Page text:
Social networks serve as amplifiers for idiots and crazy people: Former Google CEO

"Unless the industry gets its act together, there will be regulations," he said

google-israel-office-reuters-1 File photo | Reuters

Amid the hullabaloo over the anti-trust suit filed against tech giant Google, the company's former CEO Eric Schmidt said that social networks serve as amplifiers for idiots and crazy people. According to a report in Bloomberg, Schmidt, who is still a majority shareholder of Alphabet Inc, said: "The context of social networks serving as amplifiers for idiots and crazy people is not what we intended. Unless the industry gets its act together in a really clever way, there will be regulation." He added that the anti-trust suit filed by the US government may be misplaced, but regulations could be in order.

Earlier, the US Justice Department had sued Google for abusing its dominance in online search and advertising—the government's most significant attempt to protect competition since its groundbreaking case against Microsoft more than 20 years ago. And it could just be an opening salvo. Other major tech companies including Apple, Amazon and Facebook are under investigation at both the Justice Department and the Federal Trade Commission.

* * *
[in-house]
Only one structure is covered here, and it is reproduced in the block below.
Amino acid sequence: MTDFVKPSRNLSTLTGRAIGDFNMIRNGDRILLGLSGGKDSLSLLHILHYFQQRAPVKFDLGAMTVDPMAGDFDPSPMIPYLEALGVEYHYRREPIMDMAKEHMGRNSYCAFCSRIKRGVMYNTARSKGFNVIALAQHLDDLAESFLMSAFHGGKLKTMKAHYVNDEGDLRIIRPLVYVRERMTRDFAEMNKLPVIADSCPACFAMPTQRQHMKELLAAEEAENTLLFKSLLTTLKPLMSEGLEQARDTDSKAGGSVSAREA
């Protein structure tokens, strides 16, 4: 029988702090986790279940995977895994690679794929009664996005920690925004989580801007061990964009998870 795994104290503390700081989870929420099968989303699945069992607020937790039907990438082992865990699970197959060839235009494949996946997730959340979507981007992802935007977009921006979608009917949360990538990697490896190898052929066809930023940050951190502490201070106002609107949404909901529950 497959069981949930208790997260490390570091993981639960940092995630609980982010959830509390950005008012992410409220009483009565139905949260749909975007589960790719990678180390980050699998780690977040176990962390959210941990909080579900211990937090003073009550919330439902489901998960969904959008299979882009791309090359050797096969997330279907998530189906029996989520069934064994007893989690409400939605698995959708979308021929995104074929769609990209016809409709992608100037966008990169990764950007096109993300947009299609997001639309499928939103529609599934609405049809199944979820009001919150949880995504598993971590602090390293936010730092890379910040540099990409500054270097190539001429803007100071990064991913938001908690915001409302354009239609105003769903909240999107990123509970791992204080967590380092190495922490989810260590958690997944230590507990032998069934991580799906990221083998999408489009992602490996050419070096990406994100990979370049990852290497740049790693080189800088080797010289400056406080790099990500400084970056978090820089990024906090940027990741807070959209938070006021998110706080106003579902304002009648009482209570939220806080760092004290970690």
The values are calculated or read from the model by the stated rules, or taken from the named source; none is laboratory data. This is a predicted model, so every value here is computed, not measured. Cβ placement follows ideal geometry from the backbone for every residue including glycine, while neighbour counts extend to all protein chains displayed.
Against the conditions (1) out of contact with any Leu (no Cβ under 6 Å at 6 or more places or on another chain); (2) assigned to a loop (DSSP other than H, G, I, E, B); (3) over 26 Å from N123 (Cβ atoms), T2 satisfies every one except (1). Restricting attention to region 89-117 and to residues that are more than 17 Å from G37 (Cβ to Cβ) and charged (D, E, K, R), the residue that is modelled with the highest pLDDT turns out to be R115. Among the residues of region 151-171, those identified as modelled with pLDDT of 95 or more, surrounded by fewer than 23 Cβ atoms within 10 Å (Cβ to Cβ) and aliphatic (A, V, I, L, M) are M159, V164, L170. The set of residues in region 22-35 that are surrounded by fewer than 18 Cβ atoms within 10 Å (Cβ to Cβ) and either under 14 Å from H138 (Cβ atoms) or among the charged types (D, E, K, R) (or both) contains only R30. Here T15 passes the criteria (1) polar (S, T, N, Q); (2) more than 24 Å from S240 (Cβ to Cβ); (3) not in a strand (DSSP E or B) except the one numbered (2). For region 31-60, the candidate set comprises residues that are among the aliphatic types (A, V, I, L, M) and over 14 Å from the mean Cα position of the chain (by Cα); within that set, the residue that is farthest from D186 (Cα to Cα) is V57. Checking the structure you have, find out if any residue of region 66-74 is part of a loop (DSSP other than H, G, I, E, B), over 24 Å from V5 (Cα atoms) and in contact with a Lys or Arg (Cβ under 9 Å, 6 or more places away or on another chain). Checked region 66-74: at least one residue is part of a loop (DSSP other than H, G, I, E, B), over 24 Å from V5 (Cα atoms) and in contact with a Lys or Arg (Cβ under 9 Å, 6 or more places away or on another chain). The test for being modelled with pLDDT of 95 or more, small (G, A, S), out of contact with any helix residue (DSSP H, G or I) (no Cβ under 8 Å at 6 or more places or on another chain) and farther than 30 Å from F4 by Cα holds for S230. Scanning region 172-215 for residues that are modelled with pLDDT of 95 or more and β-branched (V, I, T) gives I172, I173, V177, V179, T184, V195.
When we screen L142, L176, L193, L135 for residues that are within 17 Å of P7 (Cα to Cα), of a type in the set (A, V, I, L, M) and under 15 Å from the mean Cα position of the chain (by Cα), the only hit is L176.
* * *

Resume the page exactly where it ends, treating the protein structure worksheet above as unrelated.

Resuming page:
"Google is the gateway to the internet and a search advertising behemoth," US Deputy Attorney General Jeff Rosen told reporters. "It has maintained its monopoly power through exclusionary practices that are harmful to competition." Lawmakers and consumer advocates have long accused Google of abusing its dominance in online search and advertising. The case filed in federal court in Washington, DC, alleges that Google uses billions of dollars collected from advertisers to pay phone manufacturers to ensure Google is the default search engine on browsers.

That stifles competition and innovation from smaller upstart rivals to Google and harms consumers by reducing the quality of search and limiting privacy protections and alternative search options, the government alleges. Critics contend that multibillion-dollar fines and mandated changes in Google's practices imposed by European regulators in recent years weren't severe enough and that structural changes are needed for Google to change its conduct.

The lawsuit didn't lay out specific remedies, although it asked the court to order structural relief "as needed to remedy any anti-competitive harm." That opens the door to possible fundamental changes such as a spinoff of the company's Chrome browser.

-Inputs from agencies